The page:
The Mt. Washington Valley was chock-full of folks over Columbus Day weekend. Everyone had Monday off. The Fryeburg Fair was ending and the Sandwich Fair was just beginning. And the foliage was at or near its peak.
The roads weren’t the only things clogged with visitors. The parking lot at trailhead of the Old Bridle Path was full of cars, and the overflow at the Appalachia lot stretched down Route 2.
So the boy and I set out for a more obscure peak among New Hampshire’s 48 4,000-footers. We settled on 4,006-foot Waumbek, whose wooded, viewless summit attracts relatively few hikers.
It’s not that we’re antisocial. Luke and I have met plenty of interesting people on the trail (One of them is even a TV star these days). But if we had to choose between a busy trail to a popular peak (Tuckerman Ravine up Washington) or a quieter path to a secondary summit (the Hale Brook Trail up Hale), we’ll choose the lonelier path every time.
So we were pretty pleased when we pulled into the lot for the Starr King Trail in Jefferson early Sunday morning and found only two other cars in the lot. We were a little less pleased when two other cars pulled in as we were gearing up. In all, five teams set off within two or three minutes of each other, and it looked like it was going to be one of those hikes where groups bump into each other all the way up and down the mountain.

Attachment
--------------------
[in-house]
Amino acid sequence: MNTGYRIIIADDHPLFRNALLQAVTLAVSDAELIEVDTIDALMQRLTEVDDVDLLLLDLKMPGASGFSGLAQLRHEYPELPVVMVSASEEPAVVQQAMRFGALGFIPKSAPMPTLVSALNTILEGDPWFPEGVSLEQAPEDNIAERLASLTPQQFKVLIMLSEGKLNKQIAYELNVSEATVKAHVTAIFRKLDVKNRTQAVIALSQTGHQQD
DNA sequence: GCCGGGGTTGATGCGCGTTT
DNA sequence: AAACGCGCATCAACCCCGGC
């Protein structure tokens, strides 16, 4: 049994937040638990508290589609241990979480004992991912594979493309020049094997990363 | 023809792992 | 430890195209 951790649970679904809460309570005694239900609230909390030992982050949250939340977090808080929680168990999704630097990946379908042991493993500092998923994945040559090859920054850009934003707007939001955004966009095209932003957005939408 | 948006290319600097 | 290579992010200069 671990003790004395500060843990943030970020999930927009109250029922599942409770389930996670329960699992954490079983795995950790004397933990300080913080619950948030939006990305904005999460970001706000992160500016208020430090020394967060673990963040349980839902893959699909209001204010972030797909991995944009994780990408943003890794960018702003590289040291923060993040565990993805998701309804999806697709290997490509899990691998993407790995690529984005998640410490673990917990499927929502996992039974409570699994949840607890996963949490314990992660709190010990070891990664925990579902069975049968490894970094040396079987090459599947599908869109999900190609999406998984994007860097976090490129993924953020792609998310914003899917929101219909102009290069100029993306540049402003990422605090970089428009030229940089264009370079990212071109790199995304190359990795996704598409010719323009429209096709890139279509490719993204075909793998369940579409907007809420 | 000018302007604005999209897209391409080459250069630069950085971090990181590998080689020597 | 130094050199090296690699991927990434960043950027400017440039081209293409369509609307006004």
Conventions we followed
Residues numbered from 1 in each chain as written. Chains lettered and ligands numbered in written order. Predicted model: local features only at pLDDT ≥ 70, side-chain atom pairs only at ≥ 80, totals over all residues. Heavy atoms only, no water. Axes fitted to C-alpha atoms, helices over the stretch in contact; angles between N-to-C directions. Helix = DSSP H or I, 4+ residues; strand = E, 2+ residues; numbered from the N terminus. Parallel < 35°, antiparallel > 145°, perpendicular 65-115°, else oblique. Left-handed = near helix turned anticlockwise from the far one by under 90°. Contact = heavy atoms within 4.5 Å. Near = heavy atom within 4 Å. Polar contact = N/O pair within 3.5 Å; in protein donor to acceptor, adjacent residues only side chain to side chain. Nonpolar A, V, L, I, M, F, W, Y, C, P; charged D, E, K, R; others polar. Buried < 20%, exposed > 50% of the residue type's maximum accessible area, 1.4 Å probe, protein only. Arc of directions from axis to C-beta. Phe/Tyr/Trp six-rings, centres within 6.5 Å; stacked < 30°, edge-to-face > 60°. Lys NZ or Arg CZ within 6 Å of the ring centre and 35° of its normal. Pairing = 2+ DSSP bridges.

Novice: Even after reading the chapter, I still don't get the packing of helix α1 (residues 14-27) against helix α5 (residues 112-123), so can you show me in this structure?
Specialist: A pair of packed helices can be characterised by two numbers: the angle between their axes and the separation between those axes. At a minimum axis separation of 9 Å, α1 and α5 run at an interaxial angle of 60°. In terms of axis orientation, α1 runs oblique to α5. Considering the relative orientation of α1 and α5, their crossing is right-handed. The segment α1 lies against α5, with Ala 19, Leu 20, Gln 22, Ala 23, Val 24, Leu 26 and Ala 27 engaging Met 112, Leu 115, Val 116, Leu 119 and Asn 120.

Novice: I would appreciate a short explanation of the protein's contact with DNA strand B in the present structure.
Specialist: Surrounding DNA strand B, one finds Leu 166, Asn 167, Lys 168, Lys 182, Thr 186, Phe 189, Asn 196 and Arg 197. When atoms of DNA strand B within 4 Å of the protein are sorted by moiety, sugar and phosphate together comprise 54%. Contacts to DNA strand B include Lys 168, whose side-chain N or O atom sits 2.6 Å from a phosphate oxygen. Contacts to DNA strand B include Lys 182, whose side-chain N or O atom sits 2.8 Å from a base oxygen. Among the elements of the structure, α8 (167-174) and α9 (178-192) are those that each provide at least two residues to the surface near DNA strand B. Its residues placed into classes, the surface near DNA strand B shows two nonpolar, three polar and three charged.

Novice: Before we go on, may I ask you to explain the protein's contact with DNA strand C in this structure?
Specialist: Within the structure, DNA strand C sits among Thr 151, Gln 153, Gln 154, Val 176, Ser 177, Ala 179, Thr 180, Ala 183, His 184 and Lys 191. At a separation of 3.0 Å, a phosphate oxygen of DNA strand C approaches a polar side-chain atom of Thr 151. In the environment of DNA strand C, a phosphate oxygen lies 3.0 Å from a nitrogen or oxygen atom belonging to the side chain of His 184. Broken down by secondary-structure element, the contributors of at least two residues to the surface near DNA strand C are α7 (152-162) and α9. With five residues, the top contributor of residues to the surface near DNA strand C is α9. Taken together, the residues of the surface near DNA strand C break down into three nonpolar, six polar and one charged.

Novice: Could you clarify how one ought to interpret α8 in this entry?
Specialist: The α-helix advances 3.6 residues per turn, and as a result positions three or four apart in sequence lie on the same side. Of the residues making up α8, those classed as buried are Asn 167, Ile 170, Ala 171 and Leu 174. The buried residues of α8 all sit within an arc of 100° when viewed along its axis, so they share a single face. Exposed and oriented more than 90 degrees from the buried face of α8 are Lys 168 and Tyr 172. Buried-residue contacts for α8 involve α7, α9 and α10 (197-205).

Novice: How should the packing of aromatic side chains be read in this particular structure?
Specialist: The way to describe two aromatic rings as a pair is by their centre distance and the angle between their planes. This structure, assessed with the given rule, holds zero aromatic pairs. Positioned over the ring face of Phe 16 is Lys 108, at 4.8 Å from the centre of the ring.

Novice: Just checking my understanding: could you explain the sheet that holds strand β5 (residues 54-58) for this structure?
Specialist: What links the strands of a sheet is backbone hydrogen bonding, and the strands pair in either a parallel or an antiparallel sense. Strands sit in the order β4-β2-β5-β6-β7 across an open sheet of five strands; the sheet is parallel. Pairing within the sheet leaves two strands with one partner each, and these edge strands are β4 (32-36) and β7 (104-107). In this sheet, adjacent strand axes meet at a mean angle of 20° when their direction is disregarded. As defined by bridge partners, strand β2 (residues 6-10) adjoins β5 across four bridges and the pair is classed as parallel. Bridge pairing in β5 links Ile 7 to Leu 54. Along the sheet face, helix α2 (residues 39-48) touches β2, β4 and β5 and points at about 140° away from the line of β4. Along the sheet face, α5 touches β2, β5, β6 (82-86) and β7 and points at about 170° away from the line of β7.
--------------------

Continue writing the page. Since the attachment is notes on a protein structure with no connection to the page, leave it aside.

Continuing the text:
It was one of those days. But rather than being a drag, it was one of our best hikes of the year. For the better part of three hours, we leapfrogged our way up the mountain, passing hikers who stopped to rest, then being passed in turn when we stopped for a break.
What made it fun? Everyone was having fun. People laughed, encouraged each other, shared Advil or complained about the weather (a steady, light rain turned to snow a couple of miles from the windy summit). In short, we became a community, if only for a short-time.
The highlight of the hike was the 15 or so minutes we spent on the freezing summit (31 degrees, according to one thermometer). It was the 48th and final 4,000-footer on the list for Margaret, who was hiking with three friends. The celebration included Death by Chocolate cupcakes and homemade chocolate chip cookoes, which they shared with the dozen strangers they met just a few hours ago. Another couple was handing out brownies. There was so much refined sugar being passed around that John, part of a group of five preparing for a Halloween Day hike of Owl’s Head, had no luck giving away his pound or so of salami (“It’s almost 50 percent fat. It’s the perfect hiking food.” Sorry. No deal).
A little later, 5-year-old Jack, who just finished his second 4,000-footer, started a snowball fight before tearing off down the mountain (like the rest of us, buzzed out of his mind on chocolate).
The snow had stopped and the sun had come out by the time we returned to the trailhead. We were wet, muddy and coming down from our sugar high. There were no views, and we were rarely out of sight of other hikers but it was one of our most enjoyable days in the mountains.